Buxbaum lives in the Hancock Park neighborhood of L.A., and her kids, ages 8 and 10, are enrolled in the local public elementary school. But she’s familiar with the hypercompetitive world of private schooling and the way that the desire to give one’s child the best of everything can lead to tunnel vision that prizes personal gain over communal care. “There’s a literal limit to the number of spots” for these schools, Buxbaum points out. “We talk about how it takes a village to raise kids, but we’re pitting the kids against each other, so parents are not in it for the village.”
Ultimately, the questions Buxbaum asks apply not only to the extreme cases we see in the tabloids but to any parent who must draw the line between helping their child succeed and showing them how to live. We can all agree that what Singer’s clients did was appalling, but what about sending a child to an elite private school instead of a public one? What about getting them an SAT tutor, or having your professional writer mother give your college essay “a little polish”? One of the people Buxbaum was seeking answers for was herself.
Writing the book made Buxbaum reassess her own parenting, she says — it forced her to think through “all the sort of littler messages we send along the way, and how to tell them the right story of their privileges. I haven’t figured it out!”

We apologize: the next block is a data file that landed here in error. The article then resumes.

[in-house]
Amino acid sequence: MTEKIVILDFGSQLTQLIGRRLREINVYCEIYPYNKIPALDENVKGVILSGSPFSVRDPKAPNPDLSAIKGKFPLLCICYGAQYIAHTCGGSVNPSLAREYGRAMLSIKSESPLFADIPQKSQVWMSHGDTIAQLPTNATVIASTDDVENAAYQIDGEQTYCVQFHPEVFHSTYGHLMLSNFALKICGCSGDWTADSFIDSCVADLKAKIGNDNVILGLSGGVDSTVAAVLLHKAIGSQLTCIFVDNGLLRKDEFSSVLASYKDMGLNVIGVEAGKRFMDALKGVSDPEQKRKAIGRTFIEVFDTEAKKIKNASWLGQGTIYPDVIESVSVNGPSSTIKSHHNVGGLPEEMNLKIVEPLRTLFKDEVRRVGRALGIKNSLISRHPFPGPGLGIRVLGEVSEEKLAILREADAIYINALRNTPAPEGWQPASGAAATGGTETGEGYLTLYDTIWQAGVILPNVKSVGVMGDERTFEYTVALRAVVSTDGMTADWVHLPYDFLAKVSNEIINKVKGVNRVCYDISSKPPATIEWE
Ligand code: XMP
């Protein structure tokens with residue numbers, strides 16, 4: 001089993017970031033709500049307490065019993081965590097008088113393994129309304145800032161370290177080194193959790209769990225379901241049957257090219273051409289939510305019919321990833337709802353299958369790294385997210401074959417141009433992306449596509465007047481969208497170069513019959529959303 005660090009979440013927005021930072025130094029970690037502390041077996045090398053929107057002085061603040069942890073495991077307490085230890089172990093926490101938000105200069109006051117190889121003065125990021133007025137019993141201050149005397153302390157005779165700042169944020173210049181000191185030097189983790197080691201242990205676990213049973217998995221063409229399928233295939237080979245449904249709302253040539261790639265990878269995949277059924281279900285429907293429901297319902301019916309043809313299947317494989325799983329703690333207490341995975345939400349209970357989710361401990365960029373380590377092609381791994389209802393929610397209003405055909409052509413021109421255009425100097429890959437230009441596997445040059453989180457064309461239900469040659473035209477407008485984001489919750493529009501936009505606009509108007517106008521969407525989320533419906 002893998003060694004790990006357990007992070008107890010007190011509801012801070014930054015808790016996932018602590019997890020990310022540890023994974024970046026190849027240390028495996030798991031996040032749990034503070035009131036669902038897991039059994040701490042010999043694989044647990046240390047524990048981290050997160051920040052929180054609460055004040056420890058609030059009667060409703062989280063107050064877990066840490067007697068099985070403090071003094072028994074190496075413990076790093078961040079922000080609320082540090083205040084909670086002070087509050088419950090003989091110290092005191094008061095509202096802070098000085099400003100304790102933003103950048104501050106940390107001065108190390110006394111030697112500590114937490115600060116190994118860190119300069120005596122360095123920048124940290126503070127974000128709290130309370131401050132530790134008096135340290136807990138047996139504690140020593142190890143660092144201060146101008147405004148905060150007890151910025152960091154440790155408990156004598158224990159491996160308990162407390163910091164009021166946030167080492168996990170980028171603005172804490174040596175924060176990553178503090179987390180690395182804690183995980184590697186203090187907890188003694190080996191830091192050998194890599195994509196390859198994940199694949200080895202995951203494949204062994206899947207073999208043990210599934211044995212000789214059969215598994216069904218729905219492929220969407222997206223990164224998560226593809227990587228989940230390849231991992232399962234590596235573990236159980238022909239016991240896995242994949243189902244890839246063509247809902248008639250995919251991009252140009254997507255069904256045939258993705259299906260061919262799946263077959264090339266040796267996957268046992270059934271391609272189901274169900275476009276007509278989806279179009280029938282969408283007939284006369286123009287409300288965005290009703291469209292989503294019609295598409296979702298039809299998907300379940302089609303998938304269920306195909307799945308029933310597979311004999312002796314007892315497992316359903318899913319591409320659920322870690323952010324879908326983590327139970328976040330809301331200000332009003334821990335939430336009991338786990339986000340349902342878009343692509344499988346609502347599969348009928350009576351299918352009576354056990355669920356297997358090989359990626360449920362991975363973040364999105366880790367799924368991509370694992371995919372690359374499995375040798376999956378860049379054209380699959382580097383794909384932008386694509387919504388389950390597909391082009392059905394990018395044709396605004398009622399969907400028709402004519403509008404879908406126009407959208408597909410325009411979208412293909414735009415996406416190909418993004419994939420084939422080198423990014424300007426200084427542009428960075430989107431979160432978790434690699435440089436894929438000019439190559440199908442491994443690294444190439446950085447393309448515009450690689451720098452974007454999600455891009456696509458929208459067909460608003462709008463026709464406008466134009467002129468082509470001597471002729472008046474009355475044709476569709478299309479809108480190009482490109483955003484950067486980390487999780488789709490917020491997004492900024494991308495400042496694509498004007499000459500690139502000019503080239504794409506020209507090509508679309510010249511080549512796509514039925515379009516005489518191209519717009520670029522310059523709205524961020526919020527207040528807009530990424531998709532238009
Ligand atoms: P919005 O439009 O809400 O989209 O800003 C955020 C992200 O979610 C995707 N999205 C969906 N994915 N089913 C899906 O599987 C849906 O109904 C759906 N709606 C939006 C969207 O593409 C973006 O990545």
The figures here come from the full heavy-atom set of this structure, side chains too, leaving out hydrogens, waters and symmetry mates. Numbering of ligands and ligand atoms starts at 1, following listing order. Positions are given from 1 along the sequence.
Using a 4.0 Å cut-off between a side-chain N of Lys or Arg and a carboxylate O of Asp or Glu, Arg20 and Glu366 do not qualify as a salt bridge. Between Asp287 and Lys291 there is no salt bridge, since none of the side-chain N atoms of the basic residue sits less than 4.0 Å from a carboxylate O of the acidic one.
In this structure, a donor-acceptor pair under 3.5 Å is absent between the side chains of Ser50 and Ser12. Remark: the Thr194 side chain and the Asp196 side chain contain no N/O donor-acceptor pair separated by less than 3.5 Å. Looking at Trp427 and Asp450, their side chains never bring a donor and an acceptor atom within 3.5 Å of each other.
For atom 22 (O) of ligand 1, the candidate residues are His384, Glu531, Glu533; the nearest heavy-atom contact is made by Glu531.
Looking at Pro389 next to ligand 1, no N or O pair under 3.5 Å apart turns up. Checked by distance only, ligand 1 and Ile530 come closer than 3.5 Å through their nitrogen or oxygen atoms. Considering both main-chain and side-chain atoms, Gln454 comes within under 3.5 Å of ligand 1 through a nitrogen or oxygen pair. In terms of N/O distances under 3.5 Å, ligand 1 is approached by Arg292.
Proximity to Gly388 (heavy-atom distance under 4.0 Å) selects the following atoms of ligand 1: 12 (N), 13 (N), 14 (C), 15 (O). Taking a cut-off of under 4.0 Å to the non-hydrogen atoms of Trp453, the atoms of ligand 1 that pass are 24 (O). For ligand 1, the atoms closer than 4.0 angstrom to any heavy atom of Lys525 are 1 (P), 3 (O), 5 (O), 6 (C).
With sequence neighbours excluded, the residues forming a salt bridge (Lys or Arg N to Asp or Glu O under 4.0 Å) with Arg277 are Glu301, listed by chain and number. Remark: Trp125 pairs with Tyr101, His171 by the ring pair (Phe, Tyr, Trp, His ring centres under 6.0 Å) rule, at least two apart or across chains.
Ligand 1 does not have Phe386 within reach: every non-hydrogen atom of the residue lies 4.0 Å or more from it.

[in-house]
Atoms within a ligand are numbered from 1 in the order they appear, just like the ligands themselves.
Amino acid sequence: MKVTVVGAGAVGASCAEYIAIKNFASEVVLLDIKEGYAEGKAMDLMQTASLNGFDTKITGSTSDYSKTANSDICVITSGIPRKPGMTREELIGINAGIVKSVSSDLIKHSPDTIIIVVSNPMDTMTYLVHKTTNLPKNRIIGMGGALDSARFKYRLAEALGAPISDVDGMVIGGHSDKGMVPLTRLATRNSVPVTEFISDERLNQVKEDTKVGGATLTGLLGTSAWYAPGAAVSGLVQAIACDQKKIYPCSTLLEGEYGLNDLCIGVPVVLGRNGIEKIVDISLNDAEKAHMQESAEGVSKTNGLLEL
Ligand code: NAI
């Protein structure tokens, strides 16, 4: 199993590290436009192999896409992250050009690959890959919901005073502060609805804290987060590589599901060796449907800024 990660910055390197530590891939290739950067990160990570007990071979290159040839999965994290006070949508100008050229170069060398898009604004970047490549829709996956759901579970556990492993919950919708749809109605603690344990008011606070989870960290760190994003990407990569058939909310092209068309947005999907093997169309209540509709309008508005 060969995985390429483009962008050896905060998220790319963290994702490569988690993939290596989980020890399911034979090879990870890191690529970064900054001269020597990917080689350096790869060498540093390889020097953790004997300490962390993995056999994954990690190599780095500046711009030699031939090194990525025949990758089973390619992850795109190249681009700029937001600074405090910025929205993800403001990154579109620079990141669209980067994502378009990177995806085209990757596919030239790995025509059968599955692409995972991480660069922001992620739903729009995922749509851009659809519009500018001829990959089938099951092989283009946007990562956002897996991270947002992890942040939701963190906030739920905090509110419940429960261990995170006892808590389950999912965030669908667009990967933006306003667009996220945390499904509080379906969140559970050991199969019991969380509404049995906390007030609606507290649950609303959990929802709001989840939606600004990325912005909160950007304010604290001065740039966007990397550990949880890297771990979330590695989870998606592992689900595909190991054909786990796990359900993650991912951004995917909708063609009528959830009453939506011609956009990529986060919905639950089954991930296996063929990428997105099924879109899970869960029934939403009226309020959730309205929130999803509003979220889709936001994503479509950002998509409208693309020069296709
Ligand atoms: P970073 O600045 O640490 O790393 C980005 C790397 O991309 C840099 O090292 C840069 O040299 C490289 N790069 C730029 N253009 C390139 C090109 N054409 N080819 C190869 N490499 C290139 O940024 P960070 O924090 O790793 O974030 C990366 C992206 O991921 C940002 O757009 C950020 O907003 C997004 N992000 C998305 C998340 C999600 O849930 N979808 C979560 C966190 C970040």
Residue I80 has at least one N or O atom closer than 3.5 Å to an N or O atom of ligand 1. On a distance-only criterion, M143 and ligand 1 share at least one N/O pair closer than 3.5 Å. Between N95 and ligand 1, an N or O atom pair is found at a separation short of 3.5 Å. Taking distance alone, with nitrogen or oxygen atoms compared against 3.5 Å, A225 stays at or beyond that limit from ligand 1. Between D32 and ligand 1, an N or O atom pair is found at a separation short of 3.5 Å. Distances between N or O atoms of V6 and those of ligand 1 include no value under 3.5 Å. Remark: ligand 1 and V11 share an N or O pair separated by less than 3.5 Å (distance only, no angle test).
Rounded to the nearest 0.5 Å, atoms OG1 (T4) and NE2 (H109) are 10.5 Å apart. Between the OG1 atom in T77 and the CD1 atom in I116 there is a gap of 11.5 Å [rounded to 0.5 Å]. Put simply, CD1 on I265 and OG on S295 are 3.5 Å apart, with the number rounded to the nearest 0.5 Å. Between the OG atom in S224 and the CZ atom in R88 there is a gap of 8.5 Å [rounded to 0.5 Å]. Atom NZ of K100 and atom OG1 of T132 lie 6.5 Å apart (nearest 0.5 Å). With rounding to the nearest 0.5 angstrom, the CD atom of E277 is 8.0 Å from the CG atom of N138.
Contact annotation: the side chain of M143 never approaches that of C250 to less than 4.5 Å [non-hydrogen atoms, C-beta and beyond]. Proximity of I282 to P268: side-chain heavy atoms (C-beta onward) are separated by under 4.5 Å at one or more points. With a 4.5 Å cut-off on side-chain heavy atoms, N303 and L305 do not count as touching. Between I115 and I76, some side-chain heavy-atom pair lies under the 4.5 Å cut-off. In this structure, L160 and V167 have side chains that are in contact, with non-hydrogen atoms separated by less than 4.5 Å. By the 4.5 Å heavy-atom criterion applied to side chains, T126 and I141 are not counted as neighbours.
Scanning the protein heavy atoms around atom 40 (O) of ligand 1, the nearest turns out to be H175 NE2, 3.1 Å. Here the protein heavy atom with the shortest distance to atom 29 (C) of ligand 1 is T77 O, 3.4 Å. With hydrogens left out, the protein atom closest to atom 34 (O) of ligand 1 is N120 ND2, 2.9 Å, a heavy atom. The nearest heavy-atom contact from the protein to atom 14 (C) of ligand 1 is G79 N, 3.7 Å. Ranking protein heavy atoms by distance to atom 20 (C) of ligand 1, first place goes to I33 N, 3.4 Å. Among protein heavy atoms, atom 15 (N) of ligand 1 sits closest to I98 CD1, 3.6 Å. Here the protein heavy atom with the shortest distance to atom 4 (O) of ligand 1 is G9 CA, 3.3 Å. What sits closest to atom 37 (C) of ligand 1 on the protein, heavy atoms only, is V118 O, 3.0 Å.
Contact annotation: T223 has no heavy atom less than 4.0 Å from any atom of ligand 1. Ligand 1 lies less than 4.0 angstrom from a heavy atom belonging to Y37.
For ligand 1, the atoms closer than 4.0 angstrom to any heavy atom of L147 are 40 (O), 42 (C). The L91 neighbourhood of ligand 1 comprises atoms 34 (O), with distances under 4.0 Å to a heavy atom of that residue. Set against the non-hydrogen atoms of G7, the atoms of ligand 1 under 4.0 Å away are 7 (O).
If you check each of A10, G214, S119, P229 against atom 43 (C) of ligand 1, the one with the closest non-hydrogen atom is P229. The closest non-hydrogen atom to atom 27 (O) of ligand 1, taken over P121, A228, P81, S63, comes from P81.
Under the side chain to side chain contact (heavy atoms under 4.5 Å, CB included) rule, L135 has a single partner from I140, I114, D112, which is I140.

In the meantime, Buxbaum is at work on a new book, set at the school Chloe attends, a prep school called Wood Valley that was also the setting for “Tell Me Three Things.” The three books are very different, she says, but their common thread is her interest in characters with privilege.
“It’s the moral boundaries,” Buxbaum says. “It’s the kids at the center of power. I’m ultimately fascinated by: How complicit are we? Every decision I make on behalf of my kid, which happens every day — how complicit am I in this system?”
Romanoff is the author of several novels for young adults.